Monkeypox: Will this become the latest epidemic? – Expert advice after a rise in UK cases

Monkeypox: UK patient discusses his symptoms

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Although it is spreading much slower than COVID-19 some are concerned it could become an epidemic.

Dr Ioannis Liakis, Medical Director at Vie Aesthetics, however, doesn’t.

Speaking to he said “it remains unlikely that the outbreak of monkeypox will develop into a full-blown epidemic”.

He added: “While we do not currently have a vaccine for immunisation against the Monkeypox virus, its close relation to the smallpox virus means that the vaccine that was developed for immunisation against smallpox could provide cross-protection.”

As a result, countries around the world have been purchasing smallpox vaccines in order to inoculate the vulnerable from the disease.

Dr Liakis said: “The UK Health Security Agency (UKHSA) and Joint Committee on Vaccination and Immunisation (JCVI) suggest using the existing MVA-BN vaccine that had been used to immunise against smallpox as a selective vaccine strategy.”

What are the symptoms of monkeypox?

As described by the NHS, the current symptoms of monkeypox are:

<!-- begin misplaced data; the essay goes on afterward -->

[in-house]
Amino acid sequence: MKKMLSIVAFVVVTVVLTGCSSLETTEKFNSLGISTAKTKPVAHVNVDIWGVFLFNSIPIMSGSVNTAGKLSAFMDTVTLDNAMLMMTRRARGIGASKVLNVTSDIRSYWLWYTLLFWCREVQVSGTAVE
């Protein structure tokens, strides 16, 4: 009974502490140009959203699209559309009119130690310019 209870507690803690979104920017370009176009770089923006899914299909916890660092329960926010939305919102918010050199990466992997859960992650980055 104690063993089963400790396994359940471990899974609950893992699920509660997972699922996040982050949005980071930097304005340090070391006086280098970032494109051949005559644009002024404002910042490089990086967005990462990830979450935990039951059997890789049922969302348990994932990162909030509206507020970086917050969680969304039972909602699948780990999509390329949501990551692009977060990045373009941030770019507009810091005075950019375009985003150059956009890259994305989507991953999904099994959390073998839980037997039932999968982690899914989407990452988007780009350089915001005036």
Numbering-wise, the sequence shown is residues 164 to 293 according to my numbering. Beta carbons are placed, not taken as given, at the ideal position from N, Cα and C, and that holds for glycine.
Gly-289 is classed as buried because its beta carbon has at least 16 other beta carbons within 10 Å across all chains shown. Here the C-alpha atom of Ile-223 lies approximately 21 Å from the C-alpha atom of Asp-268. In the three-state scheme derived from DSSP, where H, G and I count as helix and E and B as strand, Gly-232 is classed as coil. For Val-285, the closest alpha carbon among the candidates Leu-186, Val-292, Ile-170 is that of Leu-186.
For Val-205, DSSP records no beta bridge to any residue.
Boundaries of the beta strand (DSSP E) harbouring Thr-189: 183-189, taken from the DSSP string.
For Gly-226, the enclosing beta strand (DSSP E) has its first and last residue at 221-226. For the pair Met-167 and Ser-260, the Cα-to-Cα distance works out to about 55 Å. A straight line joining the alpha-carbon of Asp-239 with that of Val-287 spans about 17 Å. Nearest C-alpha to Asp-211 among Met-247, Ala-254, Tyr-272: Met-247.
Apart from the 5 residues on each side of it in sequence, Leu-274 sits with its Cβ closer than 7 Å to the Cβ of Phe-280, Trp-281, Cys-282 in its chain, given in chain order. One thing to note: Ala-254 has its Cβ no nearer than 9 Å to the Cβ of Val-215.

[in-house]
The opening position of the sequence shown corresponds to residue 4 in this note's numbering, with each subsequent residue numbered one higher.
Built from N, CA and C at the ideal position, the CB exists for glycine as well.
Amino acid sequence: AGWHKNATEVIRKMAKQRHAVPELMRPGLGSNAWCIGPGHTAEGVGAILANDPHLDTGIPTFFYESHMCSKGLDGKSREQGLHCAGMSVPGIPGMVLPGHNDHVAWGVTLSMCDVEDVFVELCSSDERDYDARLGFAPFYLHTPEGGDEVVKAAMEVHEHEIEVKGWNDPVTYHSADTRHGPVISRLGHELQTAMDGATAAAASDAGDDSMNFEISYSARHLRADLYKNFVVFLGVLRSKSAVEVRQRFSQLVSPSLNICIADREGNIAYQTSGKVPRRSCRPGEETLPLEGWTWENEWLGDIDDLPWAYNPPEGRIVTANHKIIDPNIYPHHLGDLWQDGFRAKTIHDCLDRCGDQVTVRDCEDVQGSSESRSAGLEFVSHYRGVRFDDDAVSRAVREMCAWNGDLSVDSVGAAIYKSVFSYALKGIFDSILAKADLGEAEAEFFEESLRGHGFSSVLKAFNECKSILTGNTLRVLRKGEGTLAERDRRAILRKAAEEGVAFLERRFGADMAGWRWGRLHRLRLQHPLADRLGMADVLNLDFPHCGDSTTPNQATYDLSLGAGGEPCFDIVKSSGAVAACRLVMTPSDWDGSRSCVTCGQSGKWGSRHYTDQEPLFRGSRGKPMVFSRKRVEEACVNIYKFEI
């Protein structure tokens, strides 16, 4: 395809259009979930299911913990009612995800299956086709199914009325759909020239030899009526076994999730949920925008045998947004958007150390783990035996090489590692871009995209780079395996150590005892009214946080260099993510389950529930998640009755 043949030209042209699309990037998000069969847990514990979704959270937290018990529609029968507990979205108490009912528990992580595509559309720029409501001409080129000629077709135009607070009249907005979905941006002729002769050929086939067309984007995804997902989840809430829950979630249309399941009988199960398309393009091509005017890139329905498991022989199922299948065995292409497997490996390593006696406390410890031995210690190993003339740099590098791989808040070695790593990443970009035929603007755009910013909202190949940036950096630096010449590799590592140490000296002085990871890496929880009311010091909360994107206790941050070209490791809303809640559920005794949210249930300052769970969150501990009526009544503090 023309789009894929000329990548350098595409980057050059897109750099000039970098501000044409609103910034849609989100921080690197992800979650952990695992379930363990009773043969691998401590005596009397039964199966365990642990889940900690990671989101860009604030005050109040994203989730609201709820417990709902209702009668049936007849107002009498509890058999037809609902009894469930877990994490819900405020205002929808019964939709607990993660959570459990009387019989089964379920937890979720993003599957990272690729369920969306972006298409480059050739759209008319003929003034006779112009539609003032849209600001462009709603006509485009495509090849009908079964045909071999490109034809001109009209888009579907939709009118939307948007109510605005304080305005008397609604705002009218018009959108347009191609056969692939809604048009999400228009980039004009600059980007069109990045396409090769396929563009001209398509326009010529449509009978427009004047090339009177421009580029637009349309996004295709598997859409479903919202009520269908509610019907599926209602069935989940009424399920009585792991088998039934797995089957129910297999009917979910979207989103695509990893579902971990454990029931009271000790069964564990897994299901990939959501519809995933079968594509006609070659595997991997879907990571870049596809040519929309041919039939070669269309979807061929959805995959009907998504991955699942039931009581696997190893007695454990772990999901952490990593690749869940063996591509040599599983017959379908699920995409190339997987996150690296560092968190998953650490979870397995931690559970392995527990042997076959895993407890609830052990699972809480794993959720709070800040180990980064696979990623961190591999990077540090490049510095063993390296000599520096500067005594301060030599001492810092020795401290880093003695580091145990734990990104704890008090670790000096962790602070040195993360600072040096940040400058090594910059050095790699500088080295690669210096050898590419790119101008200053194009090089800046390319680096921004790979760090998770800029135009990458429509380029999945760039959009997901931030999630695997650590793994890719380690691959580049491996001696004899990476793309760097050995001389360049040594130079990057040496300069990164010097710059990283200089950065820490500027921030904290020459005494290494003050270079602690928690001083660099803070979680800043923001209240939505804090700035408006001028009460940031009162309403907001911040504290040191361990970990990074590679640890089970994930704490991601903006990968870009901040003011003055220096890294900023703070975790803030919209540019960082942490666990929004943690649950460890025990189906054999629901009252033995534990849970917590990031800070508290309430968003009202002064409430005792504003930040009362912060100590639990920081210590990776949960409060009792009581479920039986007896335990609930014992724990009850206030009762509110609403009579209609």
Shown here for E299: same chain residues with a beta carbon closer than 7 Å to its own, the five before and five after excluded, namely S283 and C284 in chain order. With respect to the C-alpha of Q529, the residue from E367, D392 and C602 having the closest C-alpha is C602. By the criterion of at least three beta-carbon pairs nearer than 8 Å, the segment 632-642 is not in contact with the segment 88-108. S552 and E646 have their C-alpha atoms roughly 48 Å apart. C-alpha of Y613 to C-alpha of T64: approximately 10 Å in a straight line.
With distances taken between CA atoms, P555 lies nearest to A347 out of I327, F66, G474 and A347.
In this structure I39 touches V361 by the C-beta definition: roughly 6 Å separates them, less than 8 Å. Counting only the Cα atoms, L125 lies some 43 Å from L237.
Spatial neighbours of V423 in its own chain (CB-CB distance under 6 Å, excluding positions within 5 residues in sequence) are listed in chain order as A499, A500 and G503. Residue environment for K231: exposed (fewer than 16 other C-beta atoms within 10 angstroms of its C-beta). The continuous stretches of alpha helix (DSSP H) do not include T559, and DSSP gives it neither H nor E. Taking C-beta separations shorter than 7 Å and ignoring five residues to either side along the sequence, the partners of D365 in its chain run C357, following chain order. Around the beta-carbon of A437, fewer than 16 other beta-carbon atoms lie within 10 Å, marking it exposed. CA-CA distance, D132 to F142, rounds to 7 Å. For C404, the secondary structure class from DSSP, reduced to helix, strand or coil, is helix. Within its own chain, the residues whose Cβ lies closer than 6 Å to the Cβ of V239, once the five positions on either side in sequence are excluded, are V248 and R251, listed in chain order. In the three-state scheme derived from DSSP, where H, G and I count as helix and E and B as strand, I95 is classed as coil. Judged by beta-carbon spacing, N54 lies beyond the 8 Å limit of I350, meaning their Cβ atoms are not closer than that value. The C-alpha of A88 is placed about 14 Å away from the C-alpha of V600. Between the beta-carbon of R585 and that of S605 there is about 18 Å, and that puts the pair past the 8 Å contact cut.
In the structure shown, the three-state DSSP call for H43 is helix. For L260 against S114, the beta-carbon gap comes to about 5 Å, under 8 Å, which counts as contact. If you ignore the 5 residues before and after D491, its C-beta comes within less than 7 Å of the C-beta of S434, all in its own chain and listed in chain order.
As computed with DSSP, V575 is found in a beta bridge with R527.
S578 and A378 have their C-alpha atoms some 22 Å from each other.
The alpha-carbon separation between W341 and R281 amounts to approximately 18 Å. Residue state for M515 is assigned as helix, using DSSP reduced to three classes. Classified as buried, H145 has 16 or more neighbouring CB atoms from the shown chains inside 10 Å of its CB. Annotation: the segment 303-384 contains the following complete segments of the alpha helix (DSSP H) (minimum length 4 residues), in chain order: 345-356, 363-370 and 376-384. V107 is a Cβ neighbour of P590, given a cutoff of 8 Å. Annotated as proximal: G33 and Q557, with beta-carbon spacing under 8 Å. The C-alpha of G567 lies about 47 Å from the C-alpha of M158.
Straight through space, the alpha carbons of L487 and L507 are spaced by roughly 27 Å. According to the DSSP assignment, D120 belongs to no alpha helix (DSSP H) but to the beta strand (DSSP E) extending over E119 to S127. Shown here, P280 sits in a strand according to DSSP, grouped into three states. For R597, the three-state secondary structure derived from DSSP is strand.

• A rash
• High temperature
• Headache
• Muscle aches
• Backache
• Swollen glands
• Shivering
• Exhaustion.

However, this list may soon be updated as Queen Mary University of London (QMUL) have published a new report identifying two new symptoms of monkeypox, single genital lesions and sores on the mouth or anus.

These symptoms have been identified in 16 other countries treating monkeypox patients.

While the disease has become associated with sexual activity, the researchers say the virus can be transmitted by “any close physical contact”.

A report by the university added the single genital lesions and oral and anal sores “are similar to those of STIs and can easily lead to misdiagnosis”.

What does this mean?

It means there could be more monkeypox cases than those already recorded as patients experience these symptoms which they think are an STI but are actually monkeypox.

As a result, QMUL said it is crucial these symptoms are recognised, and doctors educated on how to spot them.

Professor of HIV Medicine at QMUL Chloe Orkin warned: “Viruses know no borders and monkeypox infections have now been described in 70 countries and in more than 13000 people. This truly global case series has enabled doctors from 16 countries to share their extensive clinical experience and many clinical photographs to help other doctors in places with fewer cases.”

Should the public be worried?

For the moment, no.

However, good sexual practice is a must and officials say new sexual partners should exercise caution by getting checked and not being afraid to get recent or new sexual partners to get checked.

By doing this, people can help stop the spread of a virus before it develops into something more serious.

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